In April, The Independent ran a feature revealing some of Britain's best chefs' secret kitchen tips. They ranged from peeling ginger with a spoon to using kachri powder. But perhaps most surprising were the words of Jacob Kennedy and Rowley Leigh. Both cooks' tips involved that most common of kitchen ingredients – salt.
Kennedy mused that "'correct' seasoning, to a chef, is as much salt as you can possibly get into the dish without it tasting too salty." While Leigh suggested that "the biggest difference between professional and amateur cooking is the seasoning… I think a lot of cooks just add salt as an afterthought, whereas professionals use more salt, but they use it earlier as well."
This got me thinking. Almost every recipe I've ever used has either barely mentioned seasoning or just elliptically added "season to taste" at the end of an instruction. If it's so key, surely there's more to it? A flick through almost every cookbook in The Independent's substantial collection didn't offer much more by way of advice.
The only two to feature sections specifically on salt were Hawksmoor at Home, which explained that the London steak restaurants use their own blend of sea salt and smoked salt. The venerable Elizabeth David merely offered, "how you season gives character to your food." So far, so vague...
To learn the wonders of salt – and, more importantly, improve my cooking – I needed the help of a pro. Enter Michael Wignall, head chef of Michael Wignall at the Latymer, the Michelin-starred restaurant at Pennyhill Park, the luxury Surrey hotel that's home to the England rugby team before Tests. During his stay at the Latymer, Wignall has earned and maintained a Michelin star and was recently awarded the maximum five AA rosettes. This is a man who knows his seasoning. I headed down to Wignall's kitchen to get the lowdown on the kitchen's most important ingredient.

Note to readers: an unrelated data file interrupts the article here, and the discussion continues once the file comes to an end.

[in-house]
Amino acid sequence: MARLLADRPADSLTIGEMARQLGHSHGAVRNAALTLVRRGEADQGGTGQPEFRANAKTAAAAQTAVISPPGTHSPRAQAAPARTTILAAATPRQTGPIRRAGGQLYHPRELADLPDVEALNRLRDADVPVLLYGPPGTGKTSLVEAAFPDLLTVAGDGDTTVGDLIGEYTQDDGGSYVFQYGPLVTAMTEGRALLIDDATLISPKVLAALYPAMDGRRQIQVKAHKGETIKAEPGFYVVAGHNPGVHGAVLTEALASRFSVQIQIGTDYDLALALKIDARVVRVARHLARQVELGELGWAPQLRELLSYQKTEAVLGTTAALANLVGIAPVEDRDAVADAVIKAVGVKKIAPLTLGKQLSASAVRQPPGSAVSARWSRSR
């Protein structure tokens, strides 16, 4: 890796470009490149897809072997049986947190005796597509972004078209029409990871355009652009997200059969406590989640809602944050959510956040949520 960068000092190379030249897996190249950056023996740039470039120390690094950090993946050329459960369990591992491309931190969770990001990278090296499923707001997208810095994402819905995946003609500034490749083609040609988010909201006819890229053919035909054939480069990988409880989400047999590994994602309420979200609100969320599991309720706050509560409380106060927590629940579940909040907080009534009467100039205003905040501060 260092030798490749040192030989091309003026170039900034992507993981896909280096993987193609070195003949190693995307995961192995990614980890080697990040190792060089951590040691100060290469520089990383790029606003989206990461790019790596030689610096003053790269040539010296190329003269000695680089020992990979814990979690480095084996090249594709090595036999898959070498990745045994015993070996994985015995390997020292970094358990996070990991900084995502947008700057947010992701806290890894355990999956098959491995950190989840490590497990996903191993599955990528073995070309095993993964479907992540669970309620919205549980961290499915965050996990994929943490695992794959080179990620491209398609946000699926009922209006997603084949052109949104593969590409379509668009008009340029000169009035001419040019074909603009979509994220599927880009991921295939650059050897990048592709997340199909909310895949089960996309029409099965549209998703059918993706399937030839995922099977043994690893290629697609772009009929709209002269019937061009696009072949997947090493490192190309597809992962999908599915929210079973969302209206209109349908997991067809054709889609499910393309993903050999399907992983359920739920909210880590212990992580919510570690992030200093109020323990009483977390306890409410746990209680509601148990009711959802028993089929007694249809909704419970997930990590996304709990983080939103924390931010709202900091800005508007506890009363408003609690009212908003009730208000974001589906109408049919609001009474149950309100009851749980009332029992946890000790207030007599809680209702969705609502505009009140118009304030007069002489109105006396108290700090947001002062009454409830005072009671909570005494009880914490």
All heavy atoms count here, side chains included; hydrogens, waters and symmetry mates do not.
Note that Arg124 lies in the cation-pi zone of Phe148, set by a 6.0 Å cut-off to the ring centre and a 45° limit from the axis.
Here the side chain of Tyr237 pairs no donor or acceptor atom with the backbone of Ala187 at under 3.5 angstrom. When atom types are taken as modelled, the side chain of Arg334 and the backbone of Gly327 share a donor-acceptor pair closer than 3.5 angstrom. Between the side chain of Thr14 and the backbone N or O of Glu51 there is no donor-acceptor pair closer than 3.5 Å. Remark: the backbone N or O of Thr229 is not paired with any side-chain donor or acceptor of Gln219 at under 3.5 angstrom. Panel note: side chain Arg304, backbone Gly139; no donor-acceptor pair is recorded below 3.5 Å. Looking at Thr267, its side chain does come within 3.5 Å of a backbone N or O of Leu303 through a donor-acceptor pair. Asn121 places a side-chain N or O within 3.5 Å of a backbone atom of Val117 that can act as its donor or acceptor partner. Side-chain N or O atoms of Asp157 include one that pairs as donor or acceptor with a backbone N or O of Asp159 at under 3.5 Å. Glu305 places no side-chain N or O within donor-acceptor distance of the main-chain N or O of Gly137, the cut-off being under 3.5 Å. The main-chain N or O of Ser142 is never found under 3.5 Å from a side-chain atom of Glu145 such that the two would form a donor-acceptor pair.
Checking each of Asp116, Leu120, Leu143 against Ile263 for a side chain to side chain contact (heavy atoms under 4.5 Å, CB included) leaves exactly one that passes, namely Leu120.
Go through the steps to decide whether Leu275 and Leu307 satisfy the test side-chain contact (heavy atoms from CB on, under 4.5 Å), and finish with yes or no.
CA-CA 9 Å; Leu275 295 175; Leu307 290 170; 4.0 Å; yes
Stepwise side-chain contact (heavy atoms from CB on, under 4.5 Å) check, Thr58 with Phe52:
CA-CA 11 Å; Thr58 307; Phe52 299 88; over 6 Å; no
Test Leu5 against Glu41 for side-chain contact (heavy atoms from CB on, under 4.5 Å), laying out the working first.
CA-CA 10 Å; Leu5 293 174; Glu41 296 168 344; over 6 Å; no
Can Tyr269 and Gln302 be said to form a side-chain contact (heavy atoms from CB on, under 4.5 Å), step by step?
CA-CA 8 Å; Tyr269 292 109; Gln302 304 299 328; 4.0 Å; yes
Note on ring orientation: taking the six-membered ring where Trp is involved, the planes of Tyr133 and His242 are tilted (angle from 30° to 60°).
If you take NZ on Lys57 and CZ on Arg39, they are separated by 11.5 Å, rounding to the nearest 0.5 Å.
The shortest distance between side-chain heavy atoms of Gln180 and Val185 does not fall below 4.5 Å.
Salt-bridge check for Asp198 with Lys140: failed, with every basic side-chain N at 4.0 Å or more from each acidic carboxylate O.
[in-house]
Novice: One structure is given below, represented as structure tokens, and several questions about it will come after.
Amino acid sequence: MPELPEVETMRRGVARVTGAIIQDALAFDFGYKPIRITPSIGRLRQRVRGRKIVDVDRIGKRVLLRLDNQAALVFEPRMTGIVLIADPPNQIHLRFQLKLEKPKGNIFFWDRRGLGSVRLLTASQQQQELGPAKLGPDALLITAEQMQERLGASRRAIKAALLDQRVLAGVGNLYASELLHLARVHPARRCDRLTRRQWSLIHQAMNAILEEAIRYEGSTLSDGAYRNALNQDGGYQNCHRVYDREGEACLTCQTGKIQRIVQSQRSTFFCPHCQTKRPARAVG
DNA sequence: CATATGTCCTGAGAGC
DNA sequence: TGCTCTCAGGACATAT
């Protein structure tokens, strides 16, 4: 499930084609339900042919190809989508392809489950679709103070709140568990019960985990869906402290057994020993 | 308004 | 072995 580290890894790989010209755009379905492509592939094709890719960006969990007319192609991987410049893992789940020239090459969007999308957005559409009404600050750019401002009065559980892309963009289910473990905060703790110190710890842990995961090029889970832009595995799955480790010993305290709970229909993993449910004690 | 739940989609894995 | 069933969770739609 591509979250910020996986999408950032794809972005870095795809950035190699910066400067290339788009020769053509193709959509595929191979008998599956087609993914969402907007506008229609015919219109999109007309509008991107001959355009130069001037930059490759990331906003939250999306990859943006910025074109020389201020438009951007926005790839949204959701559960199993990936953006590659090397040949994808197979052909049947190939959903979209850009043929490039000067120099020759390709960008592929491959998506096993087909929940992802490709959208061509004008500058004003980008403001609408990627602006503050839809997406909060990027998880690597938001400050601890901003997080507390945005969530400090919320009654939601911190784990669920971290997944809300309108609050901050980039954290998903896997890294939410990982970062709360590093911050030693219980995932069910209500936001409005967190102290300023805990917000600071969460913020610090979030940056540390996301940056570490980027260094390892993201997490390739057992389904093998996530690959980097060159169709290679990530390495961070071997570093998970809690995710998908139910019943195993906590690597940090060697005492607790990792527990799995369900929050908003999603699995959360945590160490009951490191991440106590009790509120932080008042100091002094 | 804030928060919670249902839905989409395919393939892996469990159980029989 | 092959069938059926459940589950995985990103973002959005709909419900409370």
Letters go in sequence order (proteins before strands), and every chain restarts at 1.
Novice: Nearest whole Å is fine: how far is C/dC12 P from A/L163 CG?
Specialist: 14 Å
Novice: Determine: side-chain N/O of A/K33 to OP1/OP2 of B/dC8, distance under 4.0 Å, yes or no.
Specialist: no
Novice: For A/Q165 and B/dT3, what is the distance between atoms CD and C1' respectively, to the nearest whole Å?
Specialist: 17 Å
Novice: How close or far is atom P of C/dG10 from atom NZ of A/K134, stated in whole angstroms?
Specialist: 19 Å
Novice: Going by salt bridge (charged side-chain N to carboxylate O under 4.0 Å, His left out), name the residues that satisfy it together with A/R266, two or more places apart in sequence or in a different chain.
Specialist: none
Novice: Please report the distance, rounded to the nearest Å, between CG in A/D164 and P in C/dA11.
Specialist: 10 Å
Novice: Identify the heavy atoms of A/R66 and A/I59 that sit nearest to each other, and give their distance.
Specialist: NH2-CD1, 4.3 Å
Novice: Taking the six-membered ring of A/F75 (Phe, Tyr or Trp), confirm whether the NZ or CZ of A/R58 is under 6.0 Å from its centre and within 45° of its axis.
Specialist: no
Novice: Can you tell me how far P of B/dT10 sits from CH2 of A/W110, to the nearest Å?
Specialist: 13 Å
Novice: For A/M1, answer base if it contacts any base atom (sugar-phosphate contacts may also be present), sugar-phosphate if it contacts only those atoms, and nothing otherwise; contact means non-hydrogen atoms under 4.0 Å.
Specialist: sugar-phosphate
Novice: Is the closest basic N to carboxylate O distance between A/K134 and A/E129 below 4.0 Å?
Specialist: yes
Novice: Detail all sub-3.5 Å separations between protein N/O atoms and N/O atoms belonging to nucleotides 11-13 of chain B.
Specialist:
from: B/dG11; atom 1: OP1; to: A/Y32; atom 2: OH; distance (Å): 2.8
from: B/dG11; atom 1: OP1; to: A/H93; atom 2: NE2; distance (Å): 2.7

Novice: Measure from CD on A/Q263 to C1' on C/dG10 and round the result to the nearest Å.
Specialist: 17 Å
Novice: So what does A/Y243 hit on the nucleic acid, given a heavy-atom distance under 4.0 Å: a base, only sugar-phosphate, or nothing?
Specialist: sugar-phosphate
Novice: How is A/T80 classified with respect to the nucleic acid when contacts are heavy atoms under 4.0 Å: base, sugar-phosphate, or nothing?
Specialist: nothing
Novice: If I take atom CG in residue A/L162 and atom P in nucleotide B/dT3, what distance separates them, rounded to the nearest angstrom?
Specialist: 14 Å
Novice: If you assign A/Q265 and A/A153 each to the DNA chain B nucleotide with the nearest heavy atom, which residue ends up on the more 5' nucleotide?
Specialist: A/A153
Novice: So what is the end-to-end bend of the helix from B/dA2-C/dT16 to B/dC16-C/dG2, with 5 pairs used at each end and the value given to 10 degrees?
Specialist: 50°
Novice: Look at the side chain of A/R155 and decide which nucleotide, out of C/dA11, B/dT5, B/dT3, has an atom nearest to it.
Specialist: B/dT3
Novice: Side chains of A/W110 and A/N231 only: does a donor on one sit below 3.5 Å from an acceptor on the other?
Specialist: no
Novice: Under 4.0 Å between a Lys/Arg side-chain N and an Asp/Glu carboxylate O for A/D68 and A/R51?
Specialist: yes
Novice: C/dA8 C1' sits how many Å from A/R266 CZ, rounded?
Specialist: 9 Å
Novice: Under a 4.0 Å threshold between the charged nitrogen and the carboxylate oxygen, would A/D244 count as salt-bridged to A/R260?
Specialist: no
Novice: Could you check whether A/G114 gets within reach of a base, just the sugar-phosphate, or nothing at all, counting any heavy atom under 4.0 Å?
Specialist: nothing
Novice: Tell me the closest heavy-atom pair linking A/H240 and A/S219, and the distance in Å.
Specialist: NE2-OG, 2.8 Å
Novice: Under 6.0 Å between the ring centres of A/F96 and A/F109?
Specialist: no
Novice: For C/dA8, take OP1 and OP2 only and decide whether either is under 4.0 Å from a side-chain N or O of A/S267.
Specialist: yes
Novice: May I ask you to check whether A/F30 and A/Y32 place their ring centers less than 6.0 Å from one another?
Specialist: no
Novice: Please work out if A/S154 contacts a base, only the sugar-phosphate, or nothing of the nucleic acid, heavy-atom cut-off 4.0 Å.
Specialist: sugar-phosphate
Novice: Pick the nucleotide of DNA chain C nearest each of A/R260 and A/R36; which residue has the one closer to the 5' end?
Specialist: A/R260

Salt brings out the best in food
As you'd expect, Wignall is evangelical about the importance of salt and good seasoning. Overseasoned dishes simply don't make the pass at kitchens like his. And underseasoned ones will be fixed before being served: "It's the basis for any great cooking," he says, "you can have a great dish, but if you've not seasoned it, it's just not there. Salt brings the best out of food and – regardless of whether people say it's bad for you or not – the body needs salt to work properly."
Choose your salt wisely
Thankfully, most home chefs are past the big tub of Paxo table salt and now use sea salt instead. Wignall, whose kitchen gets through a case of the stuff a week, recommends the widely available Maldon sea salt for home cooks. Table salt, full of sulphates and anti-caking agents, is too impure for good food, he suggests – "if you season consommé, or something clear, with table salt, you can see it start clouding because of the agents. It's not good for you."
But Maldon isn't the only salt the Latymer has to hand. When I arrive, Wignall has a spread of different products laid out, ranging from vanilla to smoky Hawaiian lava salt; Cadiz moon salt and the frankly indulgent truffle salt. You can get most of them online or at specialist shops but, for most cooking, Maldon is a good bet.
Remember though, sea salt comes in great big crystals, which makes it much more difficult to add the tiniest pinch to a dish. Either mill the salt or blitz it in a blender to get a finer grade.